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Washington Hall

Address:
153 14th Ave, Seattle, WA 98122, United States
Date Built:
1908
Original Architect /
Builder:
Victor Voorhees, architect / Hans Pederson, builder
Original Owners:
Danish Brotherhood in America, Seattle Lodge #29
Description:
Early 20th century fraternal lodge and dance hall. Eclectic architectural style with Mission Revival and Romanesque Revival elements.

Historic Seattle’s Role:

About Washington Hall

Built in 1908 by the Danish Brotherhood, Washington Hall has continuously served as a hub for social and cultural activities reflecting a broad array of ethnic communities. This is a building that many have called a home. The story of Washington Hall is a mirror of the changes in the Central District over time, beginning with performances and celebrations from its start as a fraternal lodge and dance hall serving Danish immigrants, then as an affordable rental facility and home for activities for members of the local Jewish, Filipino, African American, Korean, Eritrean, Ethiopian and other communities. Most notably Washington Hall has served as a popular performing arts venue, hosting musicians and speakers such as Marian Anderson, Mahalia Jackson, Billie Holiday, Duke Ellington, Count Basie, Jimi Hendrix, W.E.B. Du Bois, Marcus Garvey, and Joe Louis. On the Boards leased the Main Hall from 1978-1998, presenting contemporary performances including the early work of Spalding Grey, Meredith Monk, Mark Morris and many others.

Saving Washington Hall

Although the Hall had been in consistent use as a performance space since its construction in 1908, it had fallen into disrepair and was in danger of demolition before Historic Seattle negotiated a purchase. With contributions from 4Culture and a short term loan from Key Bank, Historic Seattle was able to purchase Washington Hall from the Sons of Haiti, the Hall’s second owner, for $1.5 million in June 2009. Washington Hall was designated a Seattle Landmark in 2009 and listed in the National Register in 2010.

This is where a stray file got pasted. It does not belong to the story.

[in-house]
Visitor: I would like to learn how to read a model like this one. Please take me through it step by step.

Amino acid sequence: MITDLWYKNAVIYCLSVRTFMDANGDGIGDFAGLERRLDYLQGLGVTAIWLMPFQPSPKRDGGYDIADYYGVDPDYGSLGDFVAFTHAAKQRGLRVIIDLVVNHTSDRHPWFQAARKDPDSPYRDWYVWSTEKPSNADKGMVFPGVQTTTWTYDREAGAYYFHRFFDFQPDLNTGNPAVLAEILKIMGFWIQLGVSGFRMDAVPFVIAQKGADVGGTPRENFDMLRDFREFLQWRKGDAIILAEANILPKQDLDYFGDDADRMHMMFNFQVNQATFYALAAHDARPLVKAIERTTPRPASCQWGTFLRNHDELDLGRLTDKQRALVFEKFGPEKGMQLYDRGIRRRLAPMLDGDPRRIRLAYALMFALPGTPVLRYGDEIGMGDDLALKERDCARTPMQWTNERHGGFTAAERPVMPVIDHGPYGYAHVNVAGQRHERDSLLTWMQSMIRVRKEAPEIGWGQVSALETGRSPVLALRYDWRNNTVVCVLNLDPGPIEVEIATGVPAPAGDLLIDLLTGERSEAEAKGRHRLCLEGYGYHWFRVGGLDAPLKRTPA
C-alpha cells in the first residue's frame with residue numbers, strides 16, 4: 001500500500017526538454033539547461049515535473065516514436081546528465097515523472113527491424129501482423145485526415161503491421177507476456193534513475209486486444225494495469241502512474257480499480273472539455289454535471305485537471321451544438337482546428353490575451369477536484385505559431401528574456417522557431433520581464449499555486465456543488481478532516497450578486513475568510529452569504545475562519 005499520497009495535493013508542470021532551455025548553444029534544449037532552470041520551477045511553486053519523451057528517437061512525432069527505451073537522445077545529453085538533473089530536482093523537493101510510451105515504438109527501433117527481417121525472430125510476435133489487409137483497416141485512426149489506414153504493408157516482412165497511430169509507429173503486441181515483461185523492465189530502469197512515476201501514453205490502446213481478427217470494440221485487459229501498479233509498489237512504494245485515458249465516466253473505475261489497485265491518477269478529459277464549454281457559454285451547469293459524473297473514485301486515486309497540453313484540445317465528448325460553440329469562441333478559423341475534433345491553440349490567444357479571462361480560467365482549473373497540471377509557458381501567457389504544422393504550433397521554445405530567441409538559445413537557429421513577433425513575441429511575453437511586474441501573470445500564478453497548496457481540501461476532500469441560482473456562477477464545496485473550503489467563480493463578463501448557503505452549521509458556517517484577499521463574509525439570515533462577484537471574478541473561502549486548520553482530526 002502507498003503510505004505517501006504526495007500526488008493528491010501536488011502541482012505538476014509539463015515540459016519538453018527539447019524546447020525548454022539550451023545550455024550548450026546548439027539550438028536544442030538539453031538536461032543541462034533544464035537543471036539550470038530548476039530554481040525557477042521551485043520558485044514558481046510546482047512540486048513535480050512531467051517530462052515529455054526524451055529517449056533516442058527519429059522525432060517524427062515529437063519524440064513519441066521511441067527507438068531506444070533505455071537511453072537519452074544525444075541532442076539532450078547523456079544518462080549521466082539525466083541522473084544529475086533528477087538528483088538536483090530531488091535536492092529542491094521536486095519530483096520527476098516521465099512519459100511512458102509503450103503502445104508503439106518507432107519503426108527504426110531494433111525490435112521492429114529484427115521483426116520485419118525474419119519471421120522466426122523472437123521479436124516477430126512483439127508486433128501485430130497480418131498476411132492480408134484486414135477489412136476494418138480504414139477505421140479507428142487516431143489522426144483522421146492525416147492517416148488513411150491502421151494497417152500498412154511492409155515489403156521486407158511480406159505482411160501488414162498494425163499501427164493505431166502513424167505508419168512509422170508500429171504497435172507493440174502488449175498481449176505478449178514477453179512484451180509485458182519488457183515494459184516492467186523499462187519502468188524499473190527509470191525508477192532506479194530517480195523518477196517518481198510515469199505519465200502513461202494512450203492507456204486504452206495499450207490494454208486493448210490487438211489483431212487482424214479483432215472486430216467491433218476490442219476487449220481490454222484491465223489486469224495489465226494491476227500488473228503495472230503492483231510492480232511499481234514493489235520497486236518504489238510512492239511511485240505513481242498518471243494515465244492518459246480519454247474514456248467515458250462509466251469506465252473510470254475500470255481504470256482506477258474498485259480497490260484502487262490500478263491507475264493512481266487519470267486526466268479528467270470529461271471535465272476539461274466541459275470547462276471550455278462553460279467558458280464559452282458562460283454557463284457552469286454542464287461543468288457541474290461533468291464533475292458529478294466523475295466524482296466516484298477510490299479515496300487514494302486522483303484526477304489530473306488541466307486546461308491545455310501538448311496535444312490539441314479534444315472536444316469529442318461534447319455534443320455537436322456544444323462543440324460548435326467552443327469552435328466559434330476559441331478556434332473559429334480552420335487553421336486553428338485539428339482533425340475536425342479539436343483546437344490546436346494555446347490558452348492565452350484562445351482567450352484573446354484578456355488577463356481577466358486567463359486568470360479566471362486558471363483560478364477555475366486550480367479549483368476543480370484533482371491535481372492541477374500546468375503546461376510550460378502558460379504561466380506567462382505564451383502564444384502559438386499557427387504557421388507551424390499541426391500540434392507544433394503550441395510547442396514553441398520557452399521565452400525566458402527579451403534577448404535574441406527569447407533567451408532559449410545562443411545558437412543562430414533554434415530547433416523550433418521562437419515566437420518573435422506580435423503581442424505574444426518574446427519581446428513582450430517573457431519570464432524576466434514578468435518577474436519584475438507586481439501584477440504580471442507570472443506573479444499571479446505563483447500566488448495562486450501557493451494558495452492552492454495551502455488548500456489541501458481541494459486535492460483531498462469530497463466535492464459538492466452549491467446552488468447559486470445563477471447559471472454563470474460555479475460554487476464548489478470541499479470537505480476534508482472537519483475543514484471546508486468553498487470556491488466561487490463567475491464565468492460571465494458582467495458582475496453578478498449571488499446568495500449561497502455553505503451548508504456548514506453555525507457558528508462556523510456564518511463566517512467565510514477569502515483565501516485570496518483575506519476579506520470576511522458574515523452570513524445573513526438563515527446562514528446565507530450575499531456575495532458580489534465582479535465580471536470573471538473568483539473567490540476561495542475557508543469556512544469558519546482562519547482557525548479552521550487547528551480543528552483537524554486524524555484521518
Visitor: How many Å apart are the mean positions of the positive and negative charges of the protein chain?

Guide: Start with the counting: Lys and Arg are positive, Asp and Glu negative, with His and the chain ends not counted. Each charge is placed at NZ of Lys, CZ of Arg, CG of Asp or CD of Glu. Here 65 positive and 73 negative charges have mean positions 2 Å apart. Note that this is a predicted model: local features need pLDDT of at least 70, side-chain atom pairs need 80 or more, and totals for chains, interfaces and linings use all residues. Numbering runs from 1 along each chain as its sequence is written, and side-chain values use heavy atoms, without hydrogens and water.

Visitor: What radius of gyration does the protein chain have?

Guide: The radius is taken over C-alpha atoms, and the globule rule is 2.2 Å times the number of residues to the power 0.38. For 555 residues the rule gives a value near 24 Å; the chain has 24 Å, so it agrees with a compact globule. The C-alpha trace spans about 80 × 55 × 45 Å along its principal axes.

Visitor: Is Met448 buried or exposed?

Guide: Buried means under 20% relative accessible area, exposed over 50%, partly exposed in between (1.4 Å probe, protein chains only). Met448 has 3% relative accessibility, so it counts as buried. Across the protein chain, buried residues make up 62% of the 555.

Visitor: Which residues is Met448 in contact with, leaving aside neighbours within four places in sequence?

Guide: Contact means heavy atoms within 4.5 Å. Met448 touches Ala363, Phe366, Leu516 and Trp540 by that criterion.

In May 2016, Historic Seattle completed a restoration funded by a $9.9 million capital campaign to bring new life to Washington Hall. With a phased approach to the rehabilitation of the building, our team completed urgent repairs and addressed safety issues first and then moved on to restoring public and performance spaces. The final phase focused on a significant renovation of the back of the building, a community recording studio, offices, meeting spaces, and rehearsal space. The Hall reopened to the community in June 2016, fully restored.

Current and Future Uses:

Historic Seattle’s vision for Washington Hall was full rehabilitation, allowing it to serve as a permanent home for community arts, heritage, and cultural organizations. With the help of 4Culture, we secured nonprofit arts organizations as anchor groups in the project who are also users of the spaces for rehearsals, offices, and performances. Our anchor groups in the project are three emerging arts organizations with a focus on social justice. These organizations include 206 Zulu, a group that promotes Hip Hop culture; Voices Rising, a youth LGBT music and spoken word organization; and Hidmo, an Eritrean community culture and food group with social justice and arts expression at its core.

After its renovation, the building’s main hall and lodge room began to help address the lack of affordable venues in Seattle. By providing upgraded facilities, we built a self-sustaining operating model that ensures the space can be a vibrant, affordable, diverse arts and cultural facility that serves Seattle and King County’s arts, heritage, and preservation communities.

Following the reopening, Historic Seattle continues – through philanthropic contributions – to make improvements to Washington Hall, ensuring its operation as a comfortable, accommodating gathering space for all.

Associated naming opportunities are available; contact Naomi West, Director of Philanthropy, for more information.

Please see the sidebar for links to the Washington Hall website, where you can find more information about its history, restoration, and anchor partners.

Projects in Development